Patrick White In awesome circumstances, words fail

“I don’t have the words to explain it.” Last Wednesday, as I stood at the bottom of a gargantuan hole west of Hastings that will become the new cell of the Hastings City Landfill in a couple of months, these words crossed my mind.

The magnitude of the place was overwhelming. Bulldozers roared around me. I was hemmed in on all sides by 100-foot walls of earth. Humans standing at ground level looked small silhouetted against the sky.

As the landfill supervisor pointed out how high above my head the future trash would eventually pile, I thought, “Wow. I don’t have the words to explain this.”

Mere days later, the phrase crossed my mind again. Only this time, I was suspended hundreds of feet above ground, walled only by piercing blue sky and high-strung autumn clouds.
I was riding in a helicopter. Chopper blades roared around me. I was hemmed in by a snug-fitting seat belt. Humans standing at ground level looked smaller than pencil points.

What had started as an assignment to cover a special helicopter flight given to two Adams Central boys fighting cancer turned into an invitation to share the skies with them.

Seth Ostrander, an eight-grader with a kind heart and a love of football, and Austin Engel, a spunky and playful 5-year-old, are both battling a disease that has stumped people triple their ages, and yet the young men exuded a quiet strength as they climbed into the body of the helicopter and buckled into their harnesses.

Soon, we were airborne. I looked below and saw the house where I live, our highways and supermarkets and normally-bustling shopping centers, all incredibly miniature and seemingly part of some other-worldy dollhouse from my point of view.

Words failed me.

When I looked away from the incredible view toward my flight companions, I saw little Austin sitting wide-eyed in his jumpseat. The sound-protecting headset he wore was sitting heavy and low on his small head, restricting him from casting more than a sideways glance at the scenery so far below.

Beside him, Seth was all smiles. He snapped pictures on his cell phone and peered down at his neighborhood, his route to school, even Walmart.

To see the wonder on the faces of these boys was the highlight of the evening for me. Yes, I was floored by the beauty and perspective I ingested on what was my first helicopter ride. But, more importantly, I got to share the experience with two boys who have learned to glean joy and strength from life’s most ordinary circumstances.

As I reflect on the extreme “highs and lows” I experienced last week alone, I am reminded of many other experiences I have shared with members of the Hastings community since I began my full-time position at the Tribune in May.

I have taken a behind-the-scenes tour of the Hastings Museum, and an equally interesting tour of the Adams County jail. I have picked fresh herbs alongside a longtime city employee in her backyard garden. I have walked through stalks of corn at the Prairie Loft Center with kids who only measured up to the towering plants by half. I have sat in the well-loved booths of the former OK Cafe, chatting with the owners about the history and legacy of the business they loved and pioneered for decades. I have walked through debris-riddled streets and crept around grain bins that had been crumpled and warped by a tornado.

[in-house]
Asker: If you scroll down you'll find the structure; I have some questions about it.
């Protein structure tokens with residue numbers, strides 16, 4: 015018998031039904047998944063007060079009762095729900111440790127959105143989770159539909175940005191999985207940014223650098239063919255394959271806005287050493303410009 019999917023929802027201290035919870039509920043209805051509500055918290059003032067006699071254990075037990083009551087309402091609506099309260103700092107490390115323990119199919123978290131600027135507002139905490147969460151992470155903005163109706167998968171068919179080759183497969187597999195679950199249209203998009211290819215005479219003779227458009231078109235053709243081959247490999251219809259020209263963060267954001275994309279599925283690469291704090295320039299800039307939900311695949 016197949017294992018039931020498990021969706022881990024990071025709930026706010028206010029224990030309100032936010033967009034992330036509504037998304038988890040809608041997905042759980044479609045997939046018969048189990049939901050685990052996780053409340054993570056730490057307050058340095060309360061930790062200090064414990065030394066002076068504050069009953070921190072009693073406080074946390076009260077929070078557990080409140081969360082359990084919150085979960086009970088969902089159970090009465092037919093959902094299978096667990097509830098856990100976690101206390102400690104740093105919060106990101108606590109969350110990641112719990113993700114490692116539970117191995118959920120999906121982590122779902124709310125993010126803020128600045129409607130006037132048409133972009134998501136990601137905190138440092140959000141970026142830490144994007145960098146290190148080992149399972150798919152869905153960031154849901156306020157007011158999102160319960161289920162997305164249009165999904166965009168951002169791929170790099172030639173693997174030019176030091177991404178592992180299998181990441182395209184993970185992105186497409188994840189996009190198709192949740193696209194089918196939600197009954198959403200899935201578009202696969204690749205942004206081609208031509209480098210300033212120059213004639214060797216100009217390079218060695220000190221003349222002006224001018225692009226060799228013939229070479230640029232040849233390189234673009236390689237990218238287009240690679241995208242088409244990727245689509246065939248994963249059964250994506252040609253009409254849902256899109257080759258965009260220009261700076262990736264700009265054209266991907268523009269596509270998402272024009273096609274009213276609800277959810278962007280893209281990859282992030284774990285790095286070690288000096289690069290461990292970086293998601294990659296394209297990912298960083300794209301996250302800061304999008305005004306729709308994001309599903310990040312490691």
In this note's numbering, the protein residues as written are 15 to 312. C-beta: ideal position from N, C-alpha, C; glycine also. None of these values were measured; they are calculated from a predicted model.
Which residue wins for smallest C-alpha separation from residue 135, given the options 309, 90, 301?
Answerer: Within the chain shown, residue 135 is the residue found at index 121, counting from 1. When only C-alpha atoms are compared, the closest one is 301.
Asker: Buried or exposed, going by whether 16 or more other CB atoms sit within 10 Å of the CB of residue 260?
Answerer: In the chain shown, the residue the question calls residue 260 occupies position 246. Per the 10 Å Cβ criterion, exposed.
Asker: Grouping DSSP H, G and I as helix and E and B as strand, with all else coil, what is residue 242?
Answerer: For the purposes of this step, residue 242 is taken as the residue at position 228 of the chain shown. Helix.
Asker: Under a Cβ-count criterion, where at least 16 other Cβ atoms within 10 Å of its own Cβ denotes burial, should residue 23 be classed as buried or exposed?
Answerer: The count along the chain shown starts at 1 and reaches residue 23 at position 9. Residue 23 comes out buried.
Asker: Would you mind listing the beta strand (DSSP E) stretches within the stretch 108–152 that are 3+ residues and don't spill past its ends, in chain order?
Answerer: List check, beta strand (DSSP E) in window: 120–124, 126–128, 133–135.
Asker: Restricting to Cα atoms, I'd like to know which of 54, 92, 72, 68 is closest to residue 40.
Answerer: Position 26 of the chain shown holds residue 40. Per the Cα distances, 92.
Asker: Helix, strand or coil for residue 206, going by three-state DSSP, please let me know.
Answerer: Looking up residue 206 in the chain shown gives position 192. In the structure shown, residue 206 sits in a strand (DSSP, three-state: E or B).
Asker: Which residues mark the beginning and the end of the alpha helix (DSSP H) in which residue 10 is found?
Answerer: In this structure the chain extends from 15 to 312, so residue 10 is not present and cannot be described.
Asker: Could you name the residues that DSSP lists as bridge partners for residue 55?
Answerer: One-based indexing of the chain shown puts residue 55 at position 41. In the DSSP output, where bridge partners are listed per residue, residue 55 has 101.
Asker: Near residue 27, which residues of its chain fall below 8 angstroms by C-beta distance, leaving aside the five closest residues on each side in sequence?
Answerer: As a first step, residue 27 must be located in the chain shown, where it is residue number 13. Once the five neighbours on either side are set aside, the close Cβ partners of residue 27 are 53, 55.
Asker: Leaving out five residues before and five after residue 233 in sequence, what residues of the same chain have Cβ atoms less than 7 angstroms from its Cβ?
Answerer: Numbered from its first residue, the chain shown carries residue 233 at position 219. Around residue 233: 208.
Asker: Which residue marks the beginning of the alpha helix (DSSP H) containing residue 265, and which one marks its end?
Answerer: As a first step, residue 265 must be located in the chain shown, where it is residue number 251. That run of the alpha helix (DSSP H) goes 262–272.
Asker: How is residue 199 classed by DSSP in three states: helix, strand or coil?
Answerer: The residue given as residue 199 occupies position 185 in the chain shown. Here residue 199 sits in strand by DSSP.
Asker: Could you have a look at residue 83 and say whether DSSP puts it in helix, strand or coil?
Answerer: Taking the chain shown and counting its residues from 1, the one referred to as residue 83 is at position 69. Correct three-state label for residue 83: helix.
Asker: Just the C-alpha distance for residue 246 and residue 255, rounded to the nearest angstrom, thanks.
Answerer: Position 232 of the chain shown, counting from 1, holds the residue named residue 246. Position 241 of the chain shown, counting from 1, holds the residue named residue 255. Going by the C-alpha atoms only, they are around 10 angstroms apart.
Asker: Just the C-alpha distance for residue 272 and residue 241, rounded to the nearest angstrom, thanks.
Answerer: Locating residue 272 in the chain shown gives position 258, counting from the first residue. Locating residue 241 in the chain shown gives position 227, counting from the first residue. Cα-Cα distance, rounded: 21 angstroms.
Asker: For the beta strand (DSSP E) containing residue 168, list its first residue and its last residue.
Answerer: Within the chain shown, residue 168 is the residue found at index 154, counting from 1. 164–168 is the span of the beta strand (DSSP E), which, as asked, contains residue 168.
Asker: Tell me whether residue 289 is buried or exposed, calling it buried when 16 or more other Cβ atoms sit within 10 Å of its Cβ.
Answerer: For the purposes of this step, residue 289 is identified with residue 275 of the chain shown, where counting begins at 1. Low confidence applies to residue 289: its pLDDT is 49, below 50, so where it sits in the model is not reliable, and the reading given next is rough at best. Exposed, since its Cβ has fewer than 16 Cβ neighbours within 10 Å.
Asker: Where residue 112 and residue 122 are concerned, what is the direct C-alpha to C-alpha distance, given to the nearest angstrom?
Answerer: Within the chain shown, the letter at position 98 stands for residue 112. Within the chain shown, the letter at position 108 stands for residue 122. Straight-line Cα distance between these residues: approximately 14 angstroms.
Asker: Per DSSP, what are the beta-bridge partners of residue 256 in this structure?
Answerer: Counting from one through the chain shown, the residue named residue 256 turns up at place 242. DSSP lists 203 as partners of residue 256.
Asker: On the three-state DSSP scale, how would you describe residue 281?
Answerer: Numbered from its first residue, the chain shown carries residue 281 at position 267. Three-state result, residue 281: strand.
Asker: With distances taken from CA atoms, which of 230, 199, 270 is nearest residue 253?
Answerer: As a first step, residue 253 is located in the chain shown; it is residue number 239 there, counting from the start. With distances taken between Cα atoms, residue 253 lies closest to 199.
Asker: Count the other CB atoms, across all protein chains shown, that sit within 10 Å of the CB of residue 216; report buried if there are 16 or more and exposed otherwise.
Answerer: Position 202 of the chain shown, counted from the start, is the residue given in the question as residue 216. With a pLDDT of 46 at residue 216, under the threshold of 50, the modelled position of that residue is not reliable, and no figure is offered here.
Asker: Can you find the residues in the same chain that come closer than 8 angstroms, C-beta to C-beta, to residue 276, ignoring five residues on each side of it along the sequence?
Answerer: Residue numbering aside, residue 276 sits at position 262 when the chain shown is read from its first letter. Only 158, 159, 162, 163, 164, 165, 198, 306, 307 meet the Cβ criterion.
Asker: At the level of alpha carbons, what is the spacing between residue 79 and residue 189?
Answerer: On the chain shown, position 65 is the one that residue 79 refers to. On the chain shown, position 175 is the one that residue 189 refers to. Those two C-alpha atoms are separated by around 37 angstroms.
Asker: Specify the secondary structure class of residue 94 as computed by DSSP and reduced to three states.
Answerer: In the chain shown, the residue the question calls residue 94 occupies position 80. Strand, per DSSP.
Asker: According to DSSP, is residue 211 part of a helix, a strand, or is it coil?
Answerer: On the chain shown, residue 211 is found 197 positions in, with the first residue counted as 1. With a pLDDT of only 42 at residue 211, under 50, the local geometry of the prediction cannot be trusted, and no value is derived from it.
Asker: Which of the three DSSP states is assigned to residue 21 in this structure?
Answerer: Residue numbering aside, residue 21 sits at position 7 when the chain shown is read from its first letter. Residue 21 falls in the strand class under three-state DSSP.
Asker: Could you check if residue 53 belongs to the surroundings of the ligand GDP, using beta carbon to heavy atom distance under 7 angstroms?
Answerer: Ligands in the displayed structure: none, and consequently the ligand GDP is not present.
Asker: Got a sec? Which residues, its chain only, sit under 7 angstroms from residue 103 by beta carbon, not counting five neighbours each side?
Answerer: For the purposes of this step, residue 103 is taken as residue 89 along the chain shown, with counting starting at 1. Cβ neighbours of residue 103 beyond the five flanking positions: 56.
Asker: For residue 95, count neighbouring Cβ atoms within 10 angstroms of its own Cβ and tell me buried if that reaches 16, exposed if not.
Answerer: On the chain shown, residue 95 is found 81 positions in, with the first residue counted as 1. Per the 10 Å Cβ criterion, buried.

In these circumstances, words were — again — fleeting, which proved to be somewhat of a conundrum when I sat down to write about them. However, in the few months that I have worked as a full-time journalist, I have found this field of work to be little what I expected it to be.

I was thinking I’d be desk-bound for much of my work, conducting interviews in various offices and conference rooms around the city. I had no idea I would be taken on what feels like a full-scale, behind-the-scenes, no-holds-barred tour of our community, led by people who were formerly complete strangers and who, thanks to my job, I now consider friendly faces.

As is the case with many humbling and moving circumstances in life, it is hard to express my gratitude in words.

I am reminded again of my friends Seth and Austin.

When our helicopter ride concluded and the boys were reunited with their family members, I watched their joy from the experience they’d just had seep out and flow into the spirits of others.

I watched Austin run into the arms of his mom, and Seth rejoin his siblings and parents. I walked over to them and asked Seth what he’d thought of the ride.

“It was amazing,” he said with a candid smile. “I don’t have the words to explain it.”

Friend, my thoughts exactly.

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